Notes from the Keys


We sat on a covered patio staring at a small parking lot along the banks of the John Pennekamp Coral Reef. A few houseboats bobbed up and down along the shore behind big signs advertising them as "BOAT HOTELS." A huge iguana scampered across the lot, pausing to eye us diners angrily. The two of us scowled back, miserably exhausted after a late night of dancing at our hotel in Islamorada.

Our brains were too weary to decide where to eat, so we followed the yellow arrow on a Route 1 billboard that promised breakfast, one right turn away. We drove down a few blocks of shaded side streets and arrived at Key Largo's East edge to find a small bungaloo converted to a diner: the Hiddenout Place.

Two Germans chatted quietly over their pancakes at the table closest to us. At the far table, a lively group of locals laughed loudly over the latest town gossip. A few of the waitresses leaned against the wall, smoking and occasionally chiming in. Their smoke clouds hung around them in the heavy air — we'd only catch a whiff of tabacco when they ambled by to refill coffees and deliver ketchups.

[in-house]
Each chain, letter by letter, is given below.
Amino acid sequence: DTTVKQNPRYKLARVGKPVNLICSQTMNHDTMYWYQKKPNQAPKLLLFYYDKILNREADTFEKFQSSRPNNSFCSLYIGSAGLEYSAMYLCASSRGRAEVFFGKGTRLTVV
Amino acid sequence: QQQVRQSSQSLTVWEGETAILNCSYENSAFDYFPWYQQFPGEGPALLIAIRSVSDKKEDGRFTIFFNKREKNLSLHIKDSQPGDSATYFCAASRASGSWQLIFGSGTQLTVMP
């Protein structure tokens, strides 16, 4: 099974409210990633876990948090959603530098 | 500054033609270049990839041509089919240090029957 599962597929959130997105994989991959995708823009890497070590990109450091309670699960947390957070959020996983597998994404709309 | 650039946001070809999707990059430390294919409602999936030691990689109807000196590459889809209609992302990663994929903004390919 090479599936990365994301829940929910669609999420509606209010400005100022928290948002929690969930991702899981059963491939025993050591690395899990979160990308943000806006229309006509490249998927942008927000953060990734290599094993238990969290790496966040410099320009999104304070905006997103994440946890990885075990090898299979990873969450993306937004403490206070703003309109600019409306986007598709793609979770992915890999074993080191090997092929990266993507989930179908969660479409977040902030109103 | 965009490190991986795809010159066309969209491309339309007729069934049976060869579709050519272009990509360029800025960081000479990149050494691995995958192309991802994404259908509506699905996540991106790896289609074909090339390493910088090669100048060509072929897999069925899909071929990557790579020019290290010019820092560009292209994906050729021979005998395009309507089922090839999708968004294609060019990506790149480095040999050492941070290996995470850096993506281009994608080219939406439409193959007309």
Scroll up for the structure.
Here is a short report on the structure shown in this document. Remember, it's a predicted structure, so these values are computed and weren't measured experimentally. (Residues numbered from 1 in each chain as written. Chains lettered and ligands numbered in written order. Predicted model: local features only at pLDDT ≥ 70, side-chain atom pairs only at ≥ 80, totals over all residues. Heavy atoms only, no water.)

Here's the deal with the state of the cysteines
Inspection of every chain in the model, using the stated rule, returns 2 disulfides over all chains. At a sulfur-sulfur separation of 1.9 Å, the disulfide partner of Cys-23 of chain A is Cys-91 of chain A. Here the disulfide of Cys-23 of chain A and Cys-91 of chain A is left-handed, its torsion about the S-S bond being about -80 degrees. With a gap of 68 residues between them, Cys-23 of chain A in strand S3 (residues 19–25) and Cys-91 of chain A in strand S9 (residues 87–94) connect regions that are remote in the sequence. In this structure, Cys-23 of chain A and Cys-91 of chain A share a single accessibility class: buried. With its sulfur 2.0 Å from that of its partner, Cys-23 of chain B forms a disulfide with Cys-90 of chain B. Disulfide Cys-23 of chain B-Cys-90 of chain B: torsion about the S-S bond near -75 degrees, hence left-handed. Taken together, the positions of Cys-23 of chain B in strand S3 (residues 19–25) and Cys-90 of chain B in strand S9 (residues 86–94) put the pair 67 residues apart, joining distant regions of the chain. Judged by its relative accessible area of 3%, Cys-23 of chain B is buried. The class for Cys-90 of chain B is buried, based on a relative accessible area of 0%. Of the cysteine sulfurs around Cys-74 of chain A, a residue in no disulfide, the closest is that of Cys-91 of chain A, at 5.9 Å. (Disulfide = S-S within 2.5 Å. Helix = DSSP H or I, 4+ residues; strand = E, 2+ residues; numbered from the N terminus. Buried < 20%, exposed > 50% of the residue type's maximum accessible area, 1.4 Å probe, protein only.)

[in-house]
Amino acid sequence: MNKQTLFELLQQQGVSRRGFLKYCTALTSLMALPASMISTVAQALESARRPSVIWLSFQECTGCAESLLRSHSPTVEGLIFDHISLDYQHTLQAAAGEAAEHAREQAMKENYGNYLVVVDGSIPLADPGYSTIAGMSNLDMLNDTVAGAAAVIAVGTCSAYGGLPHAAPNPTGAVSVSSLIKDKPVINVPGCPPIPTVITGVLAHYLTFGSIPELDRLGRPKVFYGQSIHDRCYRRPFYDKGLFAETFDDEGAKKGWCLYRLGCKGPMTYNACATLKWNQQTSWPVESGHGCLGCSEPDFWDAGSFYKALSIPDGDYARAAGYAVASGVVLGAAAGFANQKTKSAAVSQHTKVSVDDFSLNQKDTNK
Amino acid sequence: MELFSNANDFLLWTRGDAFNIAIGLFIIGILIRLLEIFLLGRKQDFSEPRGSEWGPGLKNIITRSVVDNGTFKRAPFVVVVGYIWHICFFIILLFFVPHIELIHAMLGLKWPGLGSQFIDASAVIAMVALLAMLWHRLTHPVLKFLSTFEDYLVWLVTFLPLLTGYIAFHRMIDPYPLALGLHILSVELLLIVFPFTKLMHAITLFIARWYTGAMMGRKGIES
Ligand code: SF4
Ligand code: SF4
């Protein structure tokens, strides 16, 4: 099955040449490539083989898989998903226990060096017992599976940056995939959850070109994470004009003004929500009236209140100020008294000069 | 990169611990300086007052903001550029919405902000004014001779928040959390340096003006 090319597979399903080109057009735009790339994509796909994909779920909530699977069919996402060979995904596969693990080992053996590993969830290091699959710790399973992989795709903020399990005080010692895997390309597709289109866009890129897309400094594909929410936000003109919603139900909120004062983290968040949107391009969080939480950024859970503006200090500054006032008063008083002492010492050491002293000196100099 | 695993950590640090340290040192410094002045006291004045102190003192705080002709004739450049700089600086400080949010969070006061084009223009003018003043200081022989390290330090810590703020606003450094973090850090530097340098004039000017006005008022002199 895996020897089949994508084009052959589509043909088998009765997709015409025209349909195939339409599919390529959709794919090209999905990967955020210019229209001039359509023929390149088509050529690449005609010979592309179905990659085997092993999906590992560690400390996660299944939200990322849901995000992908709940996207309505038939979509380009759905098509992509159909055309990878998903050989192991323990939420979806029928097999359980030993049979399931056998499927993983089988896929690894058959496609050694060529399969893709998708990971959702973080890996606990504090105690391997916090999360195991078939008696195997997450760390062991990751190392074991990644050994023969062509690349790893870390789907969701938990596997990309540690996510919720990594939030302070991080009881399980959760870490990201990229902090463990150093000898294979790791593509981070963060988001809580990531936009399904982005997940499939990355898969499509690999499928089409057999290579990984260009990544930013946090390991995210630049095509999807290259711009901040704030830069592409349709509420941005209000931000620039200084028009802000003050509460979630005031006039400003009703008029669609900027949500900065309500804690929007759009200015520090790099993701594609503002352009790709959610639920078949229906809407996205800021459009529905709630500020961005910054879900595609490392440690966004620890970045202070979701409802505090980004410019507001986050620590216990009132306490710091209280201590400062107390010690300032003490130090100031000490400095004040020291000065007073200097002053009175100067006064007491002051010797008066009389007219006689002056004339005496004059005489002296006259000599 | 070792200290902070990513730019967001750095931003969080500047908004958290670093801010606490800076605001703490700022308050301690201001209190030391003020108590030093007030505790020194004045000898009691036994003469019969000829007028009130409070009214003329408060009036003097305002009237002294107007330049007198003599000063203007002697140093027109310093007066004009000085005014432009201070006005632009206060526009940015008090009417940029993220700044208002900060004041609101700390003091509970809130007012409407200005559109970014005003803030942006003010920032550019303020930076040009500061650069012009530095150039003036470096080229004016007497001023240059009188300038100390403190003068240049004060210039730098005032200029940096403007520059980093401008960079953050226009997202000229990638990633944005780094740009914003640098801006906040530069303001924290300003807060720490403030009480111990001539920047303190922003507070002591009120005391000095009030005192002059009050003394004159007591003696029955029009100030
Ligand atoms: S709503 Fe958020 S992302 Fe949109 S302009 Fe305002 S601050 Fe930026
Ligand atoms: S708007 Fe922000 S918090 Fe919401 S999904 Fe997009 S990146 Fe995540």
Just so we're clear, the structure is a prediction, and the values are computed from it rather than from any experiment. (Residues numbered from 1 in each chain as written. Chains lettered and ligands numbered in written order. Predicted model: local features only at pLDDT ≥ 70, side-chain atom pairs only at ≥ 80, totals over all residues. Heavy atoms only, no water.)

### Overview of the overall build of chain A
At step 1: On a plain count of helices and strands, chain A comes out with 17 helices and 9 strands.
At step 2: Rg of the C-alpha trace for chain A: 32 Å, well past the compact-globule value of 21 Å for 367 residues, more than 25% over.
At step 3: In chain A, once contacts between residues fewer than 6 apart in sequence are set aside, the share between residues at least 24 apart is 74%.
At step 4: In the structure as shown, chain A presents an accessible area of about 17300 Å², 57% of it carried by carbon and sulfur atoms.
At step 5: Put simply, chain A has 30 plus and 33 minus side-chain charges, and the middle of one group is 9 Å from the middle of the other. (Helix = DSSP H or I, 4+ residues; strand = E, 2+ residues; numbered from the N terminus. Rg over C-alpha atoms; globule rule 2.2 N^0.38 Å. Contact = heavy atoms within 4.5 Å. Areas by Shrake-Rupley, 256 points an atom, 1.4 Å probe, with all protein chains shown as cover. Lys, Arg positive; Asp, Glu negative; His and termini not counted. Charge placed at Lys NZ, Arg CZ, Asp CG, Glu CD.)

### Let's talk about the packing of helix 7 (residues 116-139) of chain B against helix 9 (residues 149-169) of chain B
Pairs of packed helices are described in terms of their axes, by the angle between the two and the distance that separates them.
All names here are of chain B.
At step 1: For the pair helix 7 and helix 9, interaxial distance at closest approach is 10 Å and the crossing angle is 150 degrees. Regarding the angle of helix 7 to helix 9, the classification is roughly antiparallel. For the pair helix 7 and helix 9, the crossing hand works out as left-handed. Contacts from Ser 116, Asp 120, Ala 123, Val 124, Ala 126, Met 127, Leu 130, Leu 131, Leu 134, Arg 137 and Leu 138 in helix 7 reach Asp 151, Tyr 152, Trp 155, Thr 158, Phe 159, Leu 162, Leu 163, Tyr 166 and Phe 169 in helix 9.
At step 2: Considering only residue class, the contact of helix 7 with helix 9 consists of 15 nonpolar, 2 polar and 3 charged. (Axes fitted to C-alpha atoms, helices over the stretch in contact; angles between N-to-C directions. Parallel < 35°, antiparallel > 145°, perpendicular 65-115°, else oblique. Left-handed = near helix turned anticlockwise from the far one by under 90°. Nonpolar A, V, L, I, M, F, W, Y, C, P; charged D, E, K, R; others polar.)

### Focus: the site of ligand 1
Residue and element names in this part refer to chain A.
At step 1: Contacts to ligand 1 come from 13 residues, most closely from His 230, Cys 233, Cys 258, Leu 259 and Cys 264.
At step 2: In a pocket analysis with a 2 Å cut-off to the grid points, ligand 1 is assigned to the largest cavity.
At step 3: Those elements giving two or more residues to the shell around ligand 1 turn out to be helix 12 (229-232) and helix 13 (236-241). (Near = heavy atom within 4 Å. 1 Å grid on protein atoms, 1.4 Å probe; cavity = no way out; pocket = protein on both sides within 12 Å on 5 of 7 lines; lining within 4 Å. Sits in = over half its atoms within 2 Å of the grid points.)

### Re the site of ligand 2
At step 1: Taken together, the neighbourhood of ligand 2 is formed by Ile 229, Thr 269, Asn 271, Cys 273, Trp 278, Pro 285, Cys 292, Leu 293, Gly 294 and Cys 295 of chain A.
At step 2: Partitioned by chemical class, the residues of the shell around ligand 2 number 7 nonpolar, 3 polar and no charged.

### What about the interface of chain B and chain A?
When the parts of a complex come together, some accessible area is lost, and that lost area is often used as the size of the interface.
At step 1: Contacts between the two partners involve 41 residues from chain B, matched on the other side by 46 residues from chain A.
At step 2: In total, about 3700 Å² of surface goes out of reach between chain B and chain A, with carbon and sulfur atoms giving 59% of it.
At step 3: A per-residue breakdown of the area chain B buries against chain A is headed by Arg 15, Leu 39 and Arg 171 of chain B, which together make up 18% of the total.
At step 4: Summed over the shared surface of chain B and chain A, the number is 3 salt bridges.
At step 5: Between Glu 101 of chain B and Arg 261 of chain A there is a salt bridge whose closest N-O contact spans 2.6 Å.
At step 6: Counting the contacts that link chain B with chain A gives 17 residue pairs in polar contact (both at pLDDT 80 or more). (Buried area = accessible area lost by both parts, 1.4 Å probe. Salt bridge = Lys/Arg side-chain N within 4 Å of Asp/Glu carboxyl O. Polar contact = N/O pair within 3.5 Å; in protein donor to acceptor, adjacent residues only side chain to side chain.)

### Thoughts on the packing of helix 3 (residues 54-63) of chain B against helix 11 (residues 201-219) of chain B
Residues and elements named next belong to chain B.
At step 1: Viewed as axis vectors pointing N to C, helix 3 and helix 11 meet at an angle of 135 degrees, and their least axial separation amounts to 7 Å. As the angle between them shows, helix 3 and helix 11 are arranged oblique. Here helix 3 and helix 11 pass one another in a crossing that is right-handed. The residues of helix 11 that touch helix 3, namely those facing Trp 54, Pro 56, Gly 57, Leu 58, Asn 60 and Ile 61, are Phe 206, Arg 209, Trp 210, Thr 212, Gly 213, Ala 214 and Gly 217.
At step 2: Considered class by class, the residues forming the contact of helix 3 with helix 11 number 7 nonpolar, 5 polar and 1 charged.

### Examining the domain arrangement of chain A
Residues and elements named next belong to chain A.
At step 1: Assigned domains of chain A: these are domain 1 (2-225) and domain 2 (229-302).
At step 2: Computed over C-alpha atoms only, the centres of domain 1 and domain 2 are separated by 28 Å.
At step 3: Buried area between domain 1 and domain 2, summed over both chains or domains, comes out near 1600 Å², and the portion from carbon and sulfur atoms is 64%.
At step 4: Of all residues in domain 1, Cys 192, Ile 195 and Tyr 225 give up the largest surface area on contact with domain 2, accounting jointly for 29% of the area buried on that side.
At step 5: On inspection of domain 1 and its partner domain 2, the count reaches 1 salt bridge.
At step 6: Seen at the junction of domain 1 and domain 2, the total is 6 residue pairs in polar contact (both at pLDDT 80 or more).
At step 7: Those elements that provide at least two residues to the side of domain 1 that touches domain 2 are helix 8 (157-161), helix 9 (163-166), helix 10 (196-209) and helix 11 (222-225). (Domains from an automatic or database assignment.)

The coffee tasted like old grinds with a hint of dirt, and we waited at least 30 minutes, barely awake, for our meals to mosey over. But when our $5 breakfasts arrived, the sausages were greasy, the eggs fluffy, and the toast saturated with butter. There was no finer feast.

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